"Proper circumstances" have been considered to include situations where a parent has voluntarily reduced his or her income without justification. Devries v. Devries 804 S.W.2d 825 827 (Mo.App. W.D.1991). Also included are situations where a parent involuntarily lost a job but (1) failed to use his or her best efforts to obtain a new job In re Marriage of Garrison 846 S.W.2d 771 776 (Mo.App. S.D.1993); (2) refused to accept employment offers Luker v. Luker 861 S.W.2d at 199; or (3) failed to show that the unemployment was other than temporary Foster v. Foster 844 S.W.2d 559 562 (Mo.App. E.D.1992).

In the instant case there was no evidence that Husband voluntarily quit his job at La-Z-Boy or that he was guilty of actions which could be interpreted as unreasonably creating the circumstances leading to his termination. Of course the trial court as the trier of fact could believe all or part of a witness' testimony and reject the rest and could also disbelieve testimony even if uncontradicted. Vance v. Vance 852 S.W.2d 191 193 (Mo. App. S.D.1993). Even if the trial court had disbelieved Husband's testimony that his termination at La-Z-Boy was involuntary and concluded that it was in fact voluntary (a matter which we do not decide) *fn3 there was no evidence that would support a finding that it was without justification.

It is true that Husband at one time earned the amounts which the trial court utilized in imputing income to him. Proof that a parent has previously made more money however is not alone a sufficient basis upon which to impute income at those levels. See Cowen v. Cowen 869 S.W.2d 774 776-77 (Mo.App. S.D.1994); In re Marriage of Lowe 860 S.W.2d 813 818 (Mo.App. S.D.1993). It has been said that a court "may impute an income to a spouse according to what he could earn by use of his best efforts to gain employment suitable to his capabilities." Wagner v. Wagner 898 S.W.2d at 650. A parent must have the capacity to earn income which is imputed to him or her. Keck v. Keck 820 S.W.2d 727 729 (Mo.App. W.D.1991); Forhan v. Forhan 693 S.W.2d 164 166 (Mo.App. E.D.1985). Despite the fact that a court may impute income to a party under certain circumstances an award of child support must be supported by evidence of the parent's ability to pay. In re Marriage of Garrison 846 S.W.2d at 776.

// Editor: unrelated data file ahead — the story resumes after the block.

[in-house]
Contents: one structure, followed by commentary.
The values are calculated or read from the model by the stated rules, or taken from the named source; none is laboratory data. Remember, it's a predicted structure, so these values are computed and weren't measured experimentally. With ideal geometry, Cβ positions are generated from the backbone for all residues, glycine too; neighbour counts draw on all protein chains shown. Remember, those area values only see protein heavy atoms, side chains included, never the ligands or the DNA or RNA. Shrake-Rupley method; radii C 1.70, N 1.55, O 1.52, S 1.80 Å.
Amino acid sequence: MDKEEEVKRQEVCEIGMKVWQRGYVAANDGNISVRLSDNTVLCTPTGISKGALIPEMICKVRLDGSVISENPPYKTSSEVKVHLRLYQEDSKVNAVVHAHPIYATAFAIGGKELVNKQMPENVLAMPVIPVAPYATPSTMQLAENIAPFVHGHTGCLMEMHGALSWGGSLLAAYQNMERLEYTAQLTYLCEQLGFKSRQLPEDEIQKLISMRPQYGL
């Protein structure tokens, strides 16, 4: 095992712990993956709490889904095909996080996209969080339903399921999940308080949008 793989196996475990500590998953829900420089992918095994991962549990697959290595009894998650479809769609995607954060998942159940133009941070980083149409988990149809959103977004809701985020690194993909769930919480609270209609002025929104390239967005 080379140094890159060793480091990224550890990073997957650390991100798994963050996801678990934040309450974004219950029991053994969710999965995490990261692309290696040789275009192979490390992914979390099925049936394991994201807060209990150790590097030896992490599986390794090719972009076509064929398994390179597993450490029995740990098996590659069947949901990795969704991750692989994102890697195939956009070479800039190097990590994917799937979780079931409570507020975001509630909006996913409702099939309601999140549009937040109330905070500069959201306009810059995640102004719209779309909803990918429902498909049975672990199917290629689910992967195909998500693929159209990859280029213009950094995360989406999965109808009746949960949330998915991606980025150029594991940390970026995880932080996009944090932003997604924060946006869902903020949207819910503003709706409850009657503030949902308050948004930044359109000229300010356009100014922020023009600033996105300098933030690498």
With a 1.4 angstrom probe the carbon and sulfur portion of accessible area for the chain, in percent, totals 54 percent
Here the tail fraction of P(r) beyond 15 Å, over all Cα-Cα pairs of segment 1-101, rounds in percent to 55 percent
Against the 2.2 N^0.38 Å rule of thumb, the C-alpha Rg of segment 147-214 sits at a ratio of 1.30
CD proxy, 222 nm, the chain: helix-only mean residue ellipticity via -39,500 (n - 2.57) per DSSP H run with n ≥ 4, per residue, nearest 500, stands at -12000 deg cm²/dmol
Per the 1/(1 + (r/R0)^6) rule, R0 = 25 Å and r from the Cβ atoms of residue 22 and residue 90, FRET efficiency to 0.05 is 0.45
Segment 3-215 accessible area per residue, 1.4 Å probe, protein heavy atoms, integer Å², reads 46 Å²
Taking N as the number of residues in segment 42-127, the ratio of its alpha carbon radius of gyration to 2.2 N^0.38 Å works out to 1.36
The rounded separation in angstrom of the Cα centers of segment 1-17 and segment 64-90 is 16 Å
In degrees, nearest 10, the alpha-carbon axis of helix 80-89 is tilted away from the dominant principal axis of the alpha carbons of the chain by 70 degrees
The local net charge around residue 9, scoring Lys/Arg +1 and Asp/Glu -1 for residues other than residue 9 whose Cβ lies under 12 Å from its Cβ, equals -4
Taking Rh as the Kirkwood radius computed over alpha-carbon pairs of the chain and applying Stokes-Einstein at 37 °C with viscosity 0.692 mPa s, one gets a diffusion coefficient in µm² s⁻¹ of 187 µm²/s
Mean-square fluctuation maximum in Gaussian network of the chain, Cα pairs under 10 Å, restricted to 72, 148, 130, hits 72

Husband's most recent job to which he hoped to return soon paid $5.50 per hour or a gross monthly income of $953.33. Since his layoff he had received unemployment compensation of $175 per week but had sought other work. There was no evidence indicating that Husband's last wage level was only a temporary fluctuation in his earnings. See Keck v. Keck 820 S.W.2d at 729. In the instant case there was no evidence about what type of work Husband did at La-Z-Boy or that similar work or other jobs providing the income imputed to him were available in the area. Consequently there was no evidence of an impending increase in Husband's income or that he could realize an increase through additional efforts.